In the near future, a weary Logan cares for an ailing Professor X in a hide out on the Mexican border. But Logan’s attempts to hide from the world and his legacy are up-ended when a young mutant arrives, being pursued by dark forces.
Hugh Jackman has played the iconic X-Men character ‘Wolverine’ for 17 years now, across 9 films, 3 of which have been efforts solely focused on his character. This is his final portrayal and it’s certainly Jackman’s finest performance in the role, and arguably the best showcase for the character to date. If the character does come back with a different actor, they’ll have big shoes to fill. The story follows an elderly Logan in a future where mutants are on the brink of extinction, as he works his days away in Texas in order to scrape cash together to buy the drugs he badly needs. He’s living with a senile Professor X (Patrick Stewart) and Caliban (Stephan Merchant), when a young girl (Dafne Keen) comes across his path and partly against his will, he ends up having to protect the girl from a group of killers. ‘Logan’ feels more like an independent drama than a film based on a comic book, and its influences are drawn more from westerns than from the pages of a comic book. In the oversaturated world of Marvel films that need to stick rigidly to an agreed formula, it’s refreshing to see Fox pushing the boundaries with the kinds of stories comic book adaptations can tell, from last year’s meta-comedy ‘Deadpool’ to this ode to the legendary X-Men character.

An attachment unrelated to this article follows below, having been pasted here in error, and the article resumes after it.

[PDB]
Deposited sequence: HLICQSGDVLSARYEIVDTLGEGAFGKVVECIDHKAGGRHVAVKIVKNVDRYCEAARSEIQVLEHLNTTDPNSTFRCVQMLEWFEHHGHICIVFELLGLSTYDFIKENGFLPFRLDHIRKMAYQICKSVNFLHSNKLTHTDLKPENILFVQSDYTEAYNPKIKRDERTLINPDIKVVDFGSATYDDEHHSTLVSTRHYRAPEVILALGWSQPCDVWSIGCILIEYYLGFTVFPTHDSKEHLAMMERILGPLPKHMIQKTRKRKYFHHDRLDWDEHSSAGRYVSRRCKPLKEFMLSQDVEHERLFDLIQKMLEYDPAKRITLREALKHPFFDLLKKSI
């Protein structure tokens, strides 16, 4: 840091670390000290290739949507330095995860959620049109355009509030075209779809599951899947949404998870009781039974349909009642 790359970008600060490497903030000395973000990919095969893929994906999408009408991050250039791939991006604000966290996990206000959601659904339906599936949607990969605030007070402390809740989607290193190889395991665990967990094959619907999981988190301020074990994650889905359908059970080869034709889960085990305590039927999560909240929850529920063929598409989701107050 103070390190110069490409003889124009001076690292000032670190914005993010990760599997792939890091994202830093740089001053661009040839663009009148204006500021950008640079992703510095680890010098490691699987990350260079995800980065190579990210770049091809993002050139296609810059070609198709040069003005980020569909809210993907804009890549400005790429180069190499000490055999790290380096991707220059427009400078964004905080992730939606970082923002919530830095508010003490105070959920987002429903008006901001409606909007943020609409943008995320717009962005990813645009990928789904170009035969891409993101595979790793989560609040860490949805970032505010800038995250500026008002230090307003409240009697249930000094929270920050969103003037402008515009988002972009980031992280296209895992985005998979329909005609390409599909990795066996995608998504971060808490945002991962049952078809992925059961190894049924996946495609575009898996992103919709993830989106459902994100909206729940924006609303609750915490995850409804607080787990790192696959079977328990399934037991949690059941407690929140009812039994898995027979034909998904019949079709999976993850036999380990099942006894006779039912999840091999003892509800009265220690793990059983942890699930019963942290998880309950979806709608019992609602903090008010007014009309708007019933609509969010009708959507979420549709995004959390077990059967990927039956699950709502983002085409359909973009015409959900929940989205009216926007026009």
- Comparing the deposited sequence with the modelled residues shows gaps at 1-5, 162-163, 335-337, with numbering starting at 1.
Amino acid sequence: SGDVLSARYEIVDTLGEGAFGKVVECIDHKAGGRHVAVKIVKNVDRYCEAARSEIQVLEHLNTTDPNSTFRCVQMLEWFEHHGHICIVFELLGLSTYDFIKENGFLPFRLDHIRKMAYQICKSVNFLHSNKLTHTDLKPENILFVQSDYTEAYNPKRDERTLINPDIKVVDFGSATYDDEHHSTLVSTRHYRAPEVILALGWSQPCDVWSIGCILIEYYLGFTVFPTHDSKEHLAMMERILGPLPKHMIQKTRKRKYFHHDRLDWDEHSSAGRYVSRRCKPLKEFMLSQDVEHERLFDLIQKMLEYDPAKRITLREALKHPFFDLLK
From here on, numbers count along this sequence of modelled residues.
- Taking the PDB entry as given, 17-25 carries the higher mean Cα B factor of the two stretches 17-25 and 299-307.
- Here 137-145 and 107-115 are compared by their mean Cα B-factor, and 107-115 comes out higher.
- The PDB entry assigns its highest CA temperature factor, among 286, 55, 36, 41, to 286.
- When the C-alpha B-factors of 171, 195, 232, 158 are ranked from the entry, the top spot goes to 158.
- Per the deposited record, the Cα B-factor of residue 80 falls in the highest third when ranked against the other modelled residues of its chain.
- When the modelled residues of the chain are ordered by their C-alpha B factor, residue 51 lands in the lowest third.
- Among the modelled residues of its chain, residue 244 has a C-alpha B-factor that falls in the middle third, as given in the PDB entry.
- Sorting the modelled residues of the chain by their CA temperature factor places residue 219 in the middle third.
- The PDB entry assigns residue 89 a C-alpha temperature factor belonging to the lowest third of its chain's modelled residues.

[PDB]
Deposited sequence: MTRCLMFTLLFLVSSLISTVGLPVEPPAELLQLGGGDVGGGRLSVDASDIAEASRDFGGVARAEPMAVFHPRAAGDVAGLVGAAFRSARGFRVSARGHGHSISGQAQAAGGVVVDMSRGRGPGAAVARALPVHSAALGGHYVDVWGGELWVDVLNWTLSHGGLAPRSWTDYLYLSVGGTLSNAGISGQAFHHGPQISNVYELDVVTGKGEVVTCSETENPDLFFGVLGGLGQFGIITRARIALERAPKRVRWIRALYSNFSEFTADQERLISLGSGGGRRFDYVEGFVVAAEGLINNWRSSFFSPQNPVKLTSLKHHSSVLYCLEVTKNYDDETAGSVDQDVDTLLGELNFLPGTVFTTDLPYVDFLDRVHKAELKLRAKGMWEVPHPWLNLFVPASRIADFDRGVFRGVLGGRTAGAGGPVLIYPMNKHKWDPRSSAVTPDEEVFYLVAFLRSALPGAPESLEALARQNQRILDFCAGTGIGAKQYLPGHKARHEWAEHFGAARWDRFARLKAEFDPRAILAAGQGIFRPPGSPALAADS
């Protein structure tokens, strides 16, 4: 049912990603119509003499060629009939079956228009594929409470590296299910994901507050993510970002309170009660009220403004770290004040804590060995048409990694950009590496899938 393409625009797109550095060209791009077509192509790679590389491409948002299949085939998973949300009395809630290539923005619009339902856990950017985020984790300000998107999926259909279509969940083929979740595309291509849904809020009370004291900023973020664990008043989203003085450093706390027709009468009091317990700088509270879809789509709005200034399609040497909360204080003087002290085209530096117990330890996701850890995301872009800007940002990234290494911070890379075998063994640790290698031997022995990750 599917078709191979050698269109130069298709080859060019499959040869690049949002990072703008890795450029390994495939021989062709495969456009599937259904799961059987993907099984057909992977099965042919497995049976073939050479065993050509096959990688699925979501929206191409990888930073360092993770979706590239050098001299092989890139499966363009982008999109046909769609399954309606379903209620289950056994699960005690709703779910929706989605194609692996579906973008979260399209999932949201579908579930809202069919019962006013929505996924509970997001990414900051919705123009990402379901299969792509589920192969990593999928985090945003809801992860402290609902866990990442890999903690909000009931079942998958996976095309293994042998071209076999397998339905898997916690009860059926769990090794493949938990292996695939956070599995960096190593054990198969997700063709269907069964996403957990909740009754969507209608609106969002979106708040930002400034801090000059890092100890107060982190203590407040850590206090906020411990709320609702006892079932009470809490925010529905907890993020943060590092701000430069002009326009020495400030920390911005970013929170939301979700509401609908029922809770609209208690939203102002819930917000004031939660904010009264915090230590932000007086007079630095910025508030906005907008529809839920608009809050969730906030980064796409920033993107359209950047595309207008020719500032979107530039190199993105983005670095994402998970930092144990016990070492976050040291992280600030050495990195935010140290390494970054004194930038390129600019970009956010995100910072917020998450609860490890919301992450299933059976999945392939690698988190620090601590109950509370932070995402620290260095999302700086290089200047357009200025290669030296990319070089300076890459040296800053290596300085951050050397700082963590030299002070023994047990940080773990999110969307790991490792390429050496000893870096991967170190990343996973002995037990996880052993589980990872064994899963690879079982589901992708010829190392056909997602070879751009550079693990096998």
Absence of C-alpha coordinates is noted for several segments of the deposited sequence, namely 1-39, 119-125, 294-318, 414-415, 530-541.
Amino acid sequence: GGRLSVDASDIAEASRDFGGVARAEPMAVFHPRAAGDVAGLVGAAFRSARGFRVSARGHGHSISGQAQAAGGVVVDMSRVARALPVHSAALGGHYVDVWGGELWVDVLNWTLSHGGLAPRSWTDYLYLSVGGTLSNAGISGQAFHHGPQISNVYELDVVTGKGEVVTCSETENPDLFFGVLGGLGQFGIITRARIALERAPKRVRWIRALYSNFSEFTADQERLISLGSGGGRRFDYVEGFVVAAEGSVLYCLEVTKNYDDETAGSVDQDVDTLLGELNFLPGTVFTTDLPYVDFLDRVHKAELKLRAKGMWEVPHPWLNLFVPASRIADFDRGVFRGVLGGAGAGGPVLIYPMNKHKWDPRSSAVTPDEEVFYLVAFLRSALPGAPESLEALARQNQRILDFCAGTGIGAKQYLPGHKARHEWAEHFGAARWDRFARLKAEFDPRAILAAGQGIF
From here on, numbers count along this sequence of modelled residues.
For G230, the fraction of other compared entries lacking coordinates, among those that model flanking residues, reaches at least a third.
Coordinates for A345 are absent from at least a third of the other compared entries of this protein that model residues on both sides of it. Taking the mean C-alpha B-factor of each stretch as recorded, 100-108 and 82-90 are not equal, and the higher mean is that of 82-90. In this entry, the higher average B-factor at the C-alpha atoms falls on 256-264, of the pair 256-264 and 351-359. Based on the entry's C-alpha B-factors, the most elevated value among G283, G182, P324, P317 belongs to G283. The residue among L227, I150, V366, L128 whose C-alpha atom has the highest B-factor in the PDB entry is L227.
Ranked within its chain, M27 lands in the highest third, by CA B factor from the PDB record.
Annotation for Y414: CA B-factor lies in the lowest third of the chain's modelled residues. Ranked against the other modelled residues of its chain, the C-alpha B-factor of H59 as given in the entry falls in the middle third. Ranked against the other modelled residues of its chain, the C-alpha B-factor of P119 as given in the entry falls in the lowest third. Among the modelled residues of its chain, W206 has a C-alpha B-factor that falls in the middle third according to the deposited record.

For anyone who follows my reviews regularly, you’ll have perhaps noticed an ongoing frustration on my part with recent comic book adaptations, which seem to have settled into a consistent but unambitious groove in order to build cinematic universes rather than focusing on the stories they’re telling as individual films. ‘Logan’ is the antithesis to these successful, but by the numbers movies, and it’s great to see a comic book film with a lot to say for itself and a willingness to challenge the status quo. In a role he’s played for 17 years, Jackman still manages to find extra depth and his brooding intensity feels more poignant given we know this is his last hurrah as the character. Jackman’s last full outing as this character was in the disappointingly dull ‘The Wolverine’, and that suggested the time for the character may be up. ‘Logan’ reasserts this, but in a much more satisfying manner.
The 15 rating allows an extra level of brutality and gore, not to mention swearing, but it all feels true to the character and the story the film is trying to tell. This is James Mangold’s second film about this character after ‘The Wolverine’, and he has a good handle on what makes the character tick, introducing dry humour in sporadic doses but really doubling down on the fight sequences. The action is tightly choreographed, with minimal use of CGI, and this really emphasises every agonising blow that Logan’s body takes. The narrative is loosely based on the alternative X-Men comic ‘Old Man Logan’, and Logan is an old man here, who isn’t healing as well as he used too. Alongside him he has Patrick Stewart’s Professor X, also past his prime, and in a lot of respects ‘Logan’ is about the end of the road for some of the X-Men series most famous characters, and it generates deep wells of emotion as the story plays out.
I thought ‘Logan’ was a refreshing comic book movie that plays out in an almost low key manner, and I felt it was a satisfying, true and honest conclusion to Hugh Jackman’s spell as ‘The Wolverine’.
Directed By: James Mangold
Starring: Hugh Jackman, Patrick Stewart, Richard E. Grant, Boyd Holbrook, Stephen Merchant, Dafne Keen and Eriq La Salle
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